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Tome On The Range

Two Poems By: Mark Waldron
Karl Smith , October 27th, 2013 09:44

This week's bulging package of new writing is delivered in the form of two poems by London-based Mark Waldron

Mark Waldron was born in New York. His first collection, The Brand New Dark, was published by Salt in 2008, his second, The Itchy Sea, came out in September 2011.

His work appears in Identity Parade: New British and Irish Poets (Bloodaxe 2010) and Best British Poetry 2012 and 2013. He lives in London with his wife and son.

Look at our faces – oh how dead we’re going to be!

It’s the abundance of specificity that leaves me
so dying.

I go hotfoot through miserable woods that are haunted
by me, and here are the trees

each of whose leaves suggests its particular green.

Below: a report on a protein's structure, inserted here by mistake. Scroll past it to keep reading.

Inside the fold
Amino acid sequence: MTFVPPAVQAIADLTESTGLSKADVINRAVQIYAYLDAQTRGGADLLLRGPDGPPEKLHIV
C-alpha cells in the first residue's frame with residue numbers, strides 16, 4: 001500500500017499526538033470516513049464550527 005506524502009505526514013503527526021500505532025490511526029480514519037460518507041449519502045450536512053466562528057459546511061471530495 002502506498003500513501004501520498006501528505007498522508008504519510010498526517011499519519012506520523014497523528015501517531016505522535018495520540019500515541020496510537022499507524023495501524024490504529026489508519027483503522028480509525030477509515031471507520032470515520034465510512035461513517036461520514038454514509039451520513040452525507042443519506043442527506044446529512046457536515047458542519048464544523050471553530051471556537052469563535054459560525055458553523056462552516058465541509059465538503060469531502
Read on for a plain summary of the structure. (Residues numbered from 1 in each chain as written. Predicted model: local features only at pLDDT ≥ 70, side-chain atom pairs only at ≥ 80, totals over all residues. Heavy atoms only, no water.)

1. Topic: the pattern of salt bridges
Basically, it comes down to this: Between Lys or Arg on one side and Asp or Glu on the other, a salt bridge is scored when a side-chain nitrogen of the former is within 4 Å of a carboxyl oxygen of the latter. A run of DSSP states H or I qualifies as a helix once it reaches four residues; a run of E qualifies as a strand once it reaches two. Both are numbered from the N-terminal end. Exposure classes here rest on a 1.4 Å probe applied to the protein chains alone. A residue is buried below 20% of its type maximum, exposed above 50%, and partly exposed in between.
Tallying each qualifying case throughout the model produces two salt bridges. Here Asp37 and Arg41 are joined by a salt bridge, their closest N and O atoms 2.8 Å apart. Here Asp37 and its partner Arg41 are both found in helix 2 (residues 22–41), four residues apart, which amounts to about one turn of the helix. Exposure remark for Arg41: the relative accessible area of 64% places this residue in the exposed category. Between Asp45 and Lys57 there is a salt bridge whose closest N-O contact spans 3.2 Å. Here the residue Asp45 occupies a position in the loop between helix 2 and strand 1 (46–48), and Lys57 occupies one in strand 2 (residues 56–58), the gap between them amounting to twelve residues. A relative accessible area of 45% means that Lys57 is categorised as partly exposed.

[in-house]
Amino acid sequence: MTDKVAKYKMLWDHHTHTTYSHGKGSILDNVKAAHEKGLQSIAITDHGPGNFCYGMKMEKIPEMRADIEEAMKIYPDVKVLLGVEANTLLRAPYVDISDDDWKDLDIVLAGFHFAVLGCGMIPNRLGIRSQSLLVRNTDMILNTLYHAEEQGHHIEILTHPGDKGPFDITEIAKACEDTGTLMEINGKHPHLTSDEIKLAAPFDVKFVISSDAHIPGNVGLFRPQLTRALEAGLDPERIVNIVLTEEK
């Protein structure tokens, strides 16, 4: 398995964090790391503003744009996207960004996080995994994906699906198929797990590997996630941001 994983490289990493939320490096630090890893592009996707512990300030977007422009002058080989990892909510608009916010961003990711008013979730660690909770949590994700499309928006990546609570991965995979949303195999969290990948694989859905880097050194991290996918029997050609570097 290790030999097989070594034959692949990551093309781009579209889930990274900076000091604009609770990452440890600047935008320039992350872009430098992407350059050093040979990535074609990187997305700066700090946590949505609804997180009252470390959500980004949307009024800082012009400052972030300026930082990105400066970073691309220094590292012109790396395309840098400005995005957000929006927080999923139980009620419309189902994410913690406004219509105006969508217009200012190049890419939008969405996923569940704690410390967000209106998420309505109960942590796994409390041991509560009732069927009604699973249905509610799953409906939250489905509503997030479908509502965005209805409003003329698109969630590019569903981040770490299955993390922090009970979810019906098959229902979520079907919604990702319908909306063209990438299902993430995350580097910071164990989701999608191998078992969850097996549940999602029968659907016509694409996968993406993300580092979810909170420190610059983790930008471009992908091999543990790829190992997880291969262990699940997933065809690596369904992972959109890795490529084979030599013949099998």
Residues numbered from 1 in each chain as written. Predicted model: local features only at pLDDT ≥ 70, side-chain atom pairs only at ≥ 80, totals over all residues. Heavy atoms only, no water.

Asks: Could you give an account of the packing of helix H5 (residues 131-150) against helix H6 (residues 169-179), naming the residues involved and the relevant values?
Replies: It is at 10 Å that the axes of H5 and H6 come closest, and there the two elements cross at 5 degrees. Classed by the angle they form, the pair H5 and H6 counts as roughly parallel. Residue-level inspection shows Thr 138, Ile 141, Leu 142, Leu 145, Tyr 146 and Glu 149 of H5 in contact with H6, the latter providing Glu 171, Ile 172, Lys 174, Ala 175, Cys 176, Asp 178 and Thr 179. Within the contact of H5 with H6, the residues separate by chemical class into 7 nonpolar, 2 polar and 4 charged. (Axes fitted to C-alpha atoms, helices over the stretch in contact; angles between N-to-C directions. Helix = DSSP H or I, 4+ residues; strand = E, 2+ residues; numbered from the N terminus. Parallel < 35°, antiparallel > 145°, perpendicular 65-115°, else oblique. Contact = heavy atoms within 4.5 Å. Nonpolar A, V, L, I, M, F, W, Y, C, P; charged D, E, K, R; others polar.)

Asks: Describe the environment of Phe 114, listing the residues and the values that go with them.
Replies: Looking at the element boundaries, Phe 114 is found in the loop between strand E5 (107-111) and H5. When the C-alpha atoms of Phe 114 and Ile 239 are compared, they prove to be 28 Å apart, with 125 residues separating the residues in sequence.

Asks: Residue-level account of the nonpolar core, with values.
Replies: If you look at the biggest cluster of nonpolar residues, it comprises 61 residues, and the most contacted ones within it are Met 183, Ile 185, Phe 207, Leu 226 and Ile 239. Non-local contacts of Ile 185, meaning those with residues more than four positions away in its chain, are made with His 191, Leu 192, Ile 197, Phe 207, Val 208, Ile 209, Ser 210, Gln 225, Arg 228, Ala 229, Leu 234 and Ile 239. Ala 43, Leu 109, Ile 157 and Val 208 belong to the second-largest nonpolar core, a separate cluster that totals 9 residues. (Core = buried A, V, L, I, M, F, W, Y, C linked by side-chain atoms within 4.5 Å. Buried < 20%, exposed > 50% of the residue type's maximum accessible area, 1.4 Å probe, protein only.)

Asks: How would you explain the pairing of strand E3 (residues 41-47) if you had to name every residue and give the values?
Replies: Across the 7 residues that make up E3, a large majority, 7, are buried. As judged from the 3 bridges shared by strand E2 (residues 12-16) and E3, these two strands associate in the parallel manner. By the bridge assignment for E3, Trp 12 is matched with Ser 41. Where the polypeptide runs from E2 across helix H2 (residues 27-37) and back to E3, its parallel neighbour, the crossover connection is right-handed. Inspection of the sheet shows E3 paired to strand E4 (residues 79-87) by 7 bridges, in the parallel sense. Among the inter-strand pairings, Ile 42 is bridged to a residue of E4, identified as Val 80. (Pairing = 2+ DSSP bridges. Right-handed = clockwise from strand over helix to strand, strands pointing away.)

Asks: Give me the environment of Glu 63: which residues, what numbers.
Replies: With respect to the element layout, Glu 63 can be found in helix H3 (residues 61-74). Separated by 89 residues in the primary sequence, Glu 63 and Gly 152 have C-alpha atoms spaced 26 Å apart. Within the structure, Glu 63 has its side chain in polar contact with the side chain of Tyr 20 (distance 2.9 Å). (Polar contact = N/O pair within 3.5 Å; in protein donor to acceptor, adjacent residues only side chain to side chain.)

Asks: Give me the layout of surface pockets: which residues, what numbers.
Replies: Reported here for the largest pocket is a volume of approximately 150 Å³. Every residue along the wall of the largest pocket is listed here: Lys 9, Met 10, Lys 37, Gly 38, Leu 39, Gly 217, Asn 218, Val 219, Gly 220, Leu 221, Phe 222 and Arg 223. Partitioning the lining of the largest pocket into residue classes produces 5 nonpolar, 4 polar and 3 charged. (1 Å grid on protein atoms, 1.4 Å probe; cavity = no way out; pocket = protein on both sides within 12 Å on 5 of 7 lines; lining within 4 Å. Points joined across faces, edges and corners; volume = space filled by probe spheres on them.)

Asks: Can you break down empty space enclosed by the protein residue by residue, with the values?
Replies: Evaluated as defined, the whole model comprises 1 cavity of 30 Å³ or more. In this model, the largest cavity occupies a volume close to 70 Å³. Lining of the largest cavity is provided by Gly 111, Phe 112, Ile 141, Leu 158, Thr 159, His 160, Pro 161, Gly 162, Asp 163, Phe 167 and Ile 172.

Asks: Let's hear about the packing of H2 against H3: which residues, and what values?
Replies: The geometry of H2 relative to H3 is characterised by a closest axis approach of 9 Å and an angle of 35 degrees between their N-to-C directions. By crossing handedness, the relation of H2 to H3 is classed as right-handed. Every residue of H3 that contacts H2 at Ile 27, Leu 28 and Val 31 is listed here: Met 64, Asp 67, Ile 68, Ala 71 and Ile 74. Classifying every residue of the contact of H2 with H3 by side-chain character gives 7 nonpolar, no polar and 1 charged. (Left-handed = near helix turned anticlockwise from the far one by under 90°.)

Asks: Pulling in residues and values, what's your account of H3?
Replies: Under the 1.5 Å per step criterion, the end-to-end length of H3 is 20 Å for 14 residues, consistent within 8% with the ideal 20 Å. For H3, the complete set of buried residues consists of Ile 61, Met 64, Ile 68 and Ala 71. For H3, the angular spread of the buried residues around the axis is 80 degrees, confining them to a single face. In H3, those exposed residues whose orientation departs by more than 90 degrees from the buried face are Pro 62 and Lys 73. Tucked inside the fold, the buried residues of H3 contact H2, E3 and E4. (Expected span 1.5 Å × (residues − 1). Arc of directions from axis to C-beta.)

I walk across a field

that’s been spattered with fragments of cow shit
every bit of which is specific.

I go to work. I go home. I go to work. Here are bones,
buttons. Here are wild dogs, biscuits,

French horns, imps, borlotti beans. Here is a submarine,
a brick, a rose hip.

Here are the piping bodies of girls and boys once popped
like perfect peas from puberty’s cramped pupa;

basted, they gleam head to toe with poem juice.
And here are all the world’s small stones arranged

in order of roughness with the smoothest on the right.

When you come in, Poppet

Your cold clothes.
Your cheek against mine, stiffened

with a thrilling, foreign chill you’ve picked up

Well I move back in ahead of you.
I arrange my papers like this

on the kitchen table and I sip my tea once
or twice.

Of course I must take you
back into the melting warm.

I must take you
all the way in again and shove

and shove out
what I can of the whole day,

that spruced-up bull that’s left its cleanly
trace in you, that smart day

with its fearless strut and its white clothes
like the white clothes of a saint.